Cruise Port Atlas | Motril, Spain Day Trips | Attractions

Motril, Spain Day Trips | Attractions

With limited time in port, planning is the best way to make the most of your time. Should you strike out on your own? Should you hire a local guide? Or should you book a shore excursion offered by the cruise line or an international tour company? Below we have listed the attractions and activities that many other cruisers have enjoyed. This information should help you plan.

The advantage to cruise line tours is that they are timed for your visit and give you flexibility to change your mind after your trip begins. The advantage of using a large international firm is that tours are often less expensive than cruise sponsored tours. The advantage to using a local tour company or guide is that prices can be significantly lower or you may be able to get a customized trip just to see the attractions that interest you most.

Cruise lines that visit Motril: Star Clippers, Oceania, Paul Gauguin, Holland America

Key Attractions: Motril Town Hall, Church of La Encarnacion, Sugar Museum, Countess Torre-Isabel House, Playa Granada, Poniente Beach, Torrenueva Beach, La Joya Beach, Calahonda, Alhambra Palace, Generalife Palace and Gardens, Grenada Cathedral, Royal Chapel, Charterhouse, Albayzin, Sacremonte, Gibralfaro Castle, Alcazaba Fortress, Malaga Cathedral, Picasso's Museum, Malaga Bullring, Roman Amphitheater, Atarazanas Market, Almunecar, Velez de Benaudalla, Nazari Garden, Pampaneira, Guadix, Alfarnate

Motril Attractions

Motril Cruise Dock to Motril - 4-5 KM, 7-9 minutes
Link to Full-Page Google Map

The port at Motril was not a suitable location for a city because of the pirates that combed the nearby waters for centuries and ending only in the 19th century. So the city's center was built 5 kilometers inland. The fertile land around the city is a major agricultural area of southern Spain and the port serves a large fishing fleet whose most famous harvest is sardines and anchovies. In the past, the most important agricultural product was sugar (from cane) and one of the city's most popular attractions is a museum dedicated to sugar and a well-preserved 16th century sugar mill. Other historic attractions within the city are the 17th century Town Hall, the 16th century Encarnacion Church and the Countess Torre-Isabel House.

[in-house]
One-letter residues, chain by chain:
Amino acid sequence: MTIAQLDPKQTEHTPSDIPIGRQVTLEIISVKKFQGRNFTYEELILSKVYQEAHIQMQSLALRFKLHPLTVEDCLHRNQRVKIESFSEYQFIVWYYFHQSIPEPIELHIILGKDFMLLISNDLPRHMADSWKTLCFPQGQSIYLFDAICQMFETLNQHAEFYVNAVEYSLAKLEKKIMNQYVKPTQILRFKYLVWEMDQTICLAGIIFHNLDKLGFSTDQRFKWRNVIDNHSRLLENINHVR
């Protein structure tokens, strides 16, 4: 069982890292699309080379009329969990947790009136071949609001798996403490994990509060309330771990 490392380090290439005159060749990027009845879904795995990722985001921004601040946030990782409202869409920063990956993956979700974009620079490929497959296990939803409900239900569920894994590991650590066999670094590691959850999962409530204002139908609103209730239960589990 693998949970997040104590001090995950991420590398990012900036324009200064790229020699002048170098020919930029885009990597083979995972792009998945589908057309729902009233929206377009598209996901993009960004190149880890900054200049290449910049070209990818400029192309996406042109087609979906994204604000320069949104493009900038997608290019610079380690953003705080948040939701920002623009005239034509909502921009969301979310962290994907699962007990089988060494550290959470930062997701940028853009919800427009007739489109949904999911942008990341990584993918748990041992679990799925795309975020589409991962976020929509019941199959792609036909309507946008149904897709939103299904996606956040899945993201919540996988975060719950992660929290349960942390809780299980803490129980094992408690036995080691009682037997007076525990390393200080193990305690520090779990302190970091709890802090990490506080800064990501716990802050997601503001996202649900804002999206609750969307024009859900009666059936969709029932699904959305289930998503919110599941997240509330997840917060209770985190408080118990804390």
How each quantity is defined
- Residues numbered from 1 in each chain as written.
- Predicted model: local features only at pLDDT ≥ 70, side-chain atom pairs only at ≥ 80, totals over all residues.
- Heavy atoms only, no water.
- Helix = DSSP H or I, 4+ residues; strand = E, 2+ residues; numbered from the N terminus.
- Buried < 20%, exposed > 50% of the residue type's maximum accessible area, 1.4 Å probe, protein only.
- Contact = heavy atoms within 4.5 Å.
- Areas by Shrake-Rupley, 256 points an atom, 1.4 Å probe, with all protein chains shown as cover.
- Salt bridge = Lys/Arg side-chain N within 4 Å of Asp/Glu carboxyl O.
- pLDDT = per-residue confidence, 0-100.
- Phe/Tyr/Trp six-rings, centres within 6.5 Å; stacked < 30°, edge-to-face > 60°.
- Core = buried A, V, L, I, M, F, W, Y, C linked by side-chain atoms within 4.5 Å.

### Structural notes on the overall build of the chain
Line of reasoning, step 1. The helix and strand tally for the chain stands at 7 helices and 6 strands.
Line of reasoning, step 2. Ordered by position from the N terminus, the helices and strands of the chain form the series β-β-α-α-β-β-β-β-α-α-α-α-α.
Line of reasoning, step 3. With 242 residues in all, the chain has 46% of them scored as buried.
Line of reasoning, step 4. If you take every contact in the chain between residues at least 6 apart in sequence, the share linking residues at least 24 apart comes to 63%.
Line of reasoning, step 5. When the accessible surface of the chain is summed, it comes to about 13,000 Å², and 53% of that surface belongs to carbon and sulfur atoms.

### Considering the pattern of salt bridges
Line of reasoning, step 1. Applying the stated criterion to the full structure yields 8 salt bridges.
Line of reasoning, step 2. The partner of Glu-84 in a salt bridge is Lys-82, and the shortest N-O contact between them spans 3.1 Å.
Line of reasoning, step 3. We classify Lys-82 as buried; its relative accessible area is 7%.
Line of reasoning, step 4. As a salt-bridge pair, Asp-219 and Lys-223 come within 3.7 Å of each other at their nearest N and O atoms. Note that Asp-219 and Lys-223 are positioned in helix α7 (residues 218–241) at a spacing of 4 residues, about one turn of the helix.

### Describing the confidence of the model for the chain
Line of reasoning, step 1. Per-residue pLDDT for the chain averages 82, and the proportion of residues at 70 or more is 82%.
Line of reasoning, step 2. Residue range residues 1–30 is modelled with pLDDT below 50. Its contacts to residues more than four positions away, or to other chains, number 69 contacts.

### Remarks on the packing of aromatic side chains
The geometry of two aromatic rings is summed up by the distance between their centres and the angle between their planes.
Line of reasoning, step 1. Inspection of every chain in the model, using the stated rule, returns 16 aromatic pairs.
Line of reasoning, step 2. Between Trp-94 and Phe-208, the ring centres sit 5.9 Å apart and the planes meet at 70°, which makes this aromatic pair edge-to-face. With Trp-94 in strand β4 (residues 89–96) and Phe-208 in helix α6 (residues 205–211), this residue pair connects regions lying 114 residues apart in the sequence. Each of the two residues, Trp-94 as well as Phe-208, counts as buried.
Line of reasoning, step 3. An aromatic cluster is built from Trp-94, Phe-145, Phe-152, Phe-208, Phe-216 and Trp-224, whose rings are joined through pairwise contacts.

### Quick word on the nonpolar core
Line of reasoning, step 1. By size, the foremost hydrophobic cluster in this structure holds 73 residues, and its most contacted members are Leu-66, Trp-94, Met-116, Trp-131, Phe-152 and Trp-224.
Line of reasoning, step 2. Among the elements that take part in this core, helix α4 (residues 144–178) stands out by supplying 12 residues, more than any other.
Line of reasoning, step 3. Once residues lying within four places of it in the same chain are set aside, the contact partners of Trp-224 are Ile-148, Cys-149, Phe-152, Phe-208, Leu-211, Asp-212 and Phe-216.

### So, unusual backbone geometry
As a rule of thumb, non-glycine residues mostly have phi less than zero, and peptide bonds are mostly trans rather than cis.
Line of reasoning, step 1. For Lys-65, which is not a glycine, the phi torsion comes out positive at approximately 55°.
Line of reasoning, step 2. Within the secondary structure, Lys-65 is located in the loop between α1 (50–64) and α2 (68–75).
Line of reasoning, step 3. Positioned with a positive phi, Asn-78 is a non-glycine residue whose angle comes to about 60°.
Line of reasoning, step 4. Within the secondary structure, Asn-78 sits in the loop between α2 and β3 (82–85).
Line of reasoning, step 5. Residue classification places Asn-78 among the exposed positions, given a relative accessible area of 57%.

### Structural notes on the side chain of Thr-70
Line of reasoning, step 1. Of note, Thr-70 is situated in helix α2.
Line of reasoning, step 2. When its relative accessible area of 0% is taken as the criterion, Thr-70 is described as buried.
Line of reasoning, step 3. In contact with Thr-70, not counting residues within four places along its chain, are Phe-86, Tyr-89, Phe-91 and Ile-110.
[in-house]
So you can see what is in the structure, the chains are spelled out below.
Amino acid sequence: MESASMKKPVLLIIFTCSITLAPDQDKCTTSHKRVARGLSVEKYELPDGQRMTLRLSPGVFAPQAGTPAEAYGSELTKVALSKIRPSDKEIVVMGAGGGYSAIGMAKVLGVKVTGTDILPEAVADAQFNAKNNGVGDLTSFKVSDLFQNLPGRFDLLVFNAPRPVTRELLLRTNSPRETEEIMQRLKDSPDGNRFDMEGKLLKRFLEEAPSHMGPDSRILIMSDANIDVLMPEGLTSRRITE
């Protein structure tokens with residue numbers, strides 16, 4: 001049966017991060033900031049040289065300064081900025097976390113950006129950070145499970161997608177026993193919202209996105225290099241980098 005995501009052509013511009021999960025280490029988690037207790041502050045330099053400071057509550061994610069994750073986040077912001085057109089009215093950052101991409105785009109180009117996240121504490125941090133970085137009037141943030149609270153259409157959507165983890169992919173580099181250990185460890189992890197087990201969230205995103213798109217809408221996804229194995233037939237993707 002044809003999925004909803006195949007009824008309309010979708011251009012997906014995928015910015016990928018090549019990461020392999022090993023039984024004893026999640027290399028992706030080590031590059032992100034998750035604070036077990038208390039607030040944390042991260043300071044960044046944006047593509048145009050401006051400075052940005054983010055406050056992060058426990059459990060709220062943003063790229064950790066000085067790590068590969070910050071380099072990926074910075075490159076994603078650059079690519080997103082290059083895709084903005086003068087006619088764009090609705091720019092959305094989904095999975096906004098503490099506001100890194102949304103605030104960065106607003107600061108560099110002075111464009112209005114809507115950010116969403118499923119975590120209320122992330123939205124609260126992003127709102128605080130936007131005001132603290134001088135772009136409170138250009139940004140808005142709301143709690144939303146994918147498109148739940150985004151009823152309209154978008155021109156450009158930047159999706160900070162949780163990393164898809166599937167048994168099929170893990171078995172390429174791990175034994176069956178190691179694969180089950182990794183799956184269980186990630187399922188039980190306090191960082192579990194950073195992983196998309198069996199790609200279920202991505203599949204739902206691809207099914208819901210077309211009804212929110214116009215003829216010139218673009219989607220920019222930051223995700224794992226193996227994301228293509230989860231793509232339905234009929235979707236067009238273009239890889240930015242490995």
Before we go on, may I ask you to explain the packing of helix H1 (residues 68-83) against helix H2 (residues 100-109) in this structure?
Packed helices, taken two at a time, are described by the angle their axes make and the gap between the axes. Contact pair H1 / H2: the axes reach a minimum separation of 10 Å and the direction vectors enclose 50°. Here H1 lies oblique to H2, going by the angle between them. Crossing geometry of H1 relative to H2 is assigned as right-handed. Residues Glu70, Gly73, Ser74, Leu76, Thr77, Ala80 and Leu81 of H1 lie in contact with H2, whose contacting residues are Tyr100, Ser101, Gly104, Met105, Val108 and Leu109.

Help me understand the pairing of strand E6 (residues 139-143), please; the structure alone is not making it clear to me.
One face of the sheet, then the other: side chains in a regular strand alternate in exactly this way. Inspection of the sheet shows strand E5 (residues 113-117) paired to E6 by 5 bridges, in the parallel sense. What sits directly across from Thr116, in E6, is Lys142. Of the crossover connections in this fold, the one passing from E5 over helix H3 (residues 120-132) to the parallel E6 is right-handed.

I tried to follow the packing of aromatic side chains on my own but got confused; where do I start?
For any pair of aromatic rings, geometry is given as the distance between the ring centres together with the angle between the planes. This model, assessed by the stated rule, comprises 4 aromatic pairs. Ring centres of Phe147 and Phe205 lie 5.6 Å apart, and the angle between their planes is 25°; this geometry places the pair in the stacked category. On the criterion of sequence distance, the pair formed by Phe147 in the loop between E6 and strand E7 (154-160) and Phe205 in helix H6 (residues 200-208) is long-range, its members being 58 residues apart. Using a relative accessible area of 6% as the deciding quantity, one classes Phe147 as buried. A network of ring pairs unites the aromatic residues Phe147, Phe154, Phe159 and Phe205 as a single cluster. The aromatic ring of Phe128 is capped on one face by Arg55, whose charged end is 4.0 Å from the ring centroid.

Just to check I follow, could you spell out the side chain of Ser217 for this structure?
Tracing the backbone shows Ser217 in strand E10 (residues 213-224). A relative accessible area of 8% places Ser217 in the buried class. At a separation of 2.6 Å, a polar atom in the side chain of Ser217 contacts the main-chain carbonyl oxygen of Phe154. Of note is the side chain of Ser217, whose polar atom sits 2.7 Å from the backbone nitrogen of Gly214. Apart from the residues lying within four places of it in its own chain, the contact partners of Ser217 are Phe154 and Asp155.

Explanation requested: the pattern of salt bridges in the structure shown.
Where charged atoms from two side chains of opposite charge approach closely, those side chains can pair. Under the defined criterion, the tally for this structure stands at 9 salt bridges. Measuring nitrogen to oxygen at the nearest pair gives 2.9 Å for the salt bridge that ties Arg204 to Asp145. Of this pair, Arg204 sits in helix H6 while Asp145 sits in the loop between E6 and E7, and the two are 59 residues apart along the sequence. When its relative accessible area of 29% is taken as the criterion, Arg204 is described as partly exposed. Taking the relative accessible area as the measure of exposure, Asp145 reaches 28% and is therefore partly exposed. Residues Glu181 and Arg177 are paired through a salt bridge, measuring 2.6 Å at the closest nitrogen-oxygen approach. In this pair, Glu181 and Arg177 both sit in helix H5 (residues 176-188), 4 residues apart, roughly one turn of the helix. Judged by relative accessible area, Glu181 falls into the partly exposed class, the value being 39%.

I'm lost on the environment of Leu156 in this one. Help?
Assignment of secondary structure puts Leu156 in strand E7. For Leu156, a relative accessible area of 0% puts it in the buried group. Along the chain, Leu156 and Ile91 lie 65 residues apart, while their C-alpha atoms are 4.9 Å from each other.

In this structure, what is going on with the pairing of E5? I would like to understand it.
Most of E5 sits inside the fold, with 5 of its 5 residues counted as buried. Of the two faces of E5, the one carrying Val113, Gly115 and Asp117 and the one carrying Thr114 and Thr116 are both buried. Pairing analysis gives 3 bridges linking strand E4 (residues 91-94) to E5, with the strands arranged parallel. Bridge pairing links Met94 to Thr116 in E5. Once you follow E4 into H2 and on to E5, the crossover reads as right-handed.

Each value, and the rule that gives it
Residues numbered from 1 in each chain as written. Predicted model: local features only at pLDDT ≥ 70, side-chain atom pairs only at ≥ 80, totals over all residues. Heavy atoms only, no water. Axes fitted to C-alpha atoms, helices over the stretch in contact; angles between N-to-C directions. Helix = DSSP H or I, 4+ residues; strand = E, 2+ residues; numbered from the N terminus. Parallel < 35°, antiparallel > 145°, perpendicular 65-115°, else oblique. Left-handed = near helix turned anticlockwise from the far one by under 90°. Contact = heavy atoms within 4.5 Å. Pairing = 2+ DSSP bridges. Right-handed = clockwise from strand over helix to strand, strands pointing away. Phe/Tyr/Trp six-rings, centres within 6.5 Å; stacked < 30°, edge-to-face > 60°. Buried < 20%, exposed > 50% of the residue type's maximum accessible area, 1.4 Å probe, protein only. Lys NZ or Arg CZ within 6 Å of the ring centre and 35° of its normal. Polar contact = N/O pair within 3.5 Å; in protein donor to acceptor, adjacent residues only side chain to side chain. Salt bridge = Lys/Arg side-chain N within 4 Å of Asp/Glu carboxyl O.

Photo of Motril by MAZINTOSH

Motril Beaches

Motril Cruise Dock to Poniente Beach - 1.6 KM, 3 minutes
Motril Cruise Dock to Playa Granada - 2.6 KM, 7 minutes
Motril Cruise Dock to Torrenueva Beach - 8 KM, 10 minutes
Motril Cruise Dock to La Joya Beach - 10 KM, 12 minutes
Motril Cruise Dock to Calahonda - 15 KM, 19 minutes
Link to Full-Page Google Map

The beaches around Motril are not as developed as those in Malaga, but have a quiet charm. Nearest to the port are the beaches at Poniente and Playa Granada which, like other area beaches, are near farms. Situated in a small bay the waters are calm and there is a mix of volcanic sand are pebbled. Poniente has many restaurants and bars along with its sailing facilities. Torrenueva Beach offers 2 kilometers of black sand and a few restaurants within 10 minutes of the port. The gravel beach at La Joya requires a hike of about ½ kilometer and offers naturists a secluded setting. Calahonda Beach has golden sand and is the most popular beach in the area with some waves and a selection of bars and restaurants.

        

   

Photo of Motril Beach by Mariam m

Alhambra (Red Palace)

Port to Alhambra (Granada) - 67 kilometers, 1 hour 5 minutes
Link to Full-Page Google Map

Begun in the middle of the 13th century by Ibn Nasr, founder of the Nasrid Dynasty, the Alhambra was the last and greatest flowering of Moorish architecture. Built on a hill in the city of Granada, the complex is a series of quadrangles surrounded by colonnades with intricately carved arches leading into the palace’s rooms and chambers. The exterior of the palace is plain, but the interior contains stunningly ornate carved ceilings and arches. Within the courtyards are gardens dominated by pools and fountains, the most famous of which is the Fountain of the Lions. The entire complex has a reddish glow, reflecting the red clay on which the palace was built. After the re-conquest of Spain in 1492, the palace was used for some state functions by Ferdinand and Isabella, including perhaps their audience with the Italian ship captain, Christopher Columbus. The Holy Roman Emperor, Charles V, built a large palace on the grounds of the Alhambra in the 16th century.

Adjacent to the Alhambra is the Generalife Palace and Gardens. The formal gardens contain a large variety of flowering trees and bushes, with hedges trimmed to form arches and towering walls of foliage. Palm trees and enormous cypresses border paved paths edged with irrigation channels. After centuries of neglect, these gardens were entirely overgrown until they were re-designed in the mid-20th century in Andalusian style.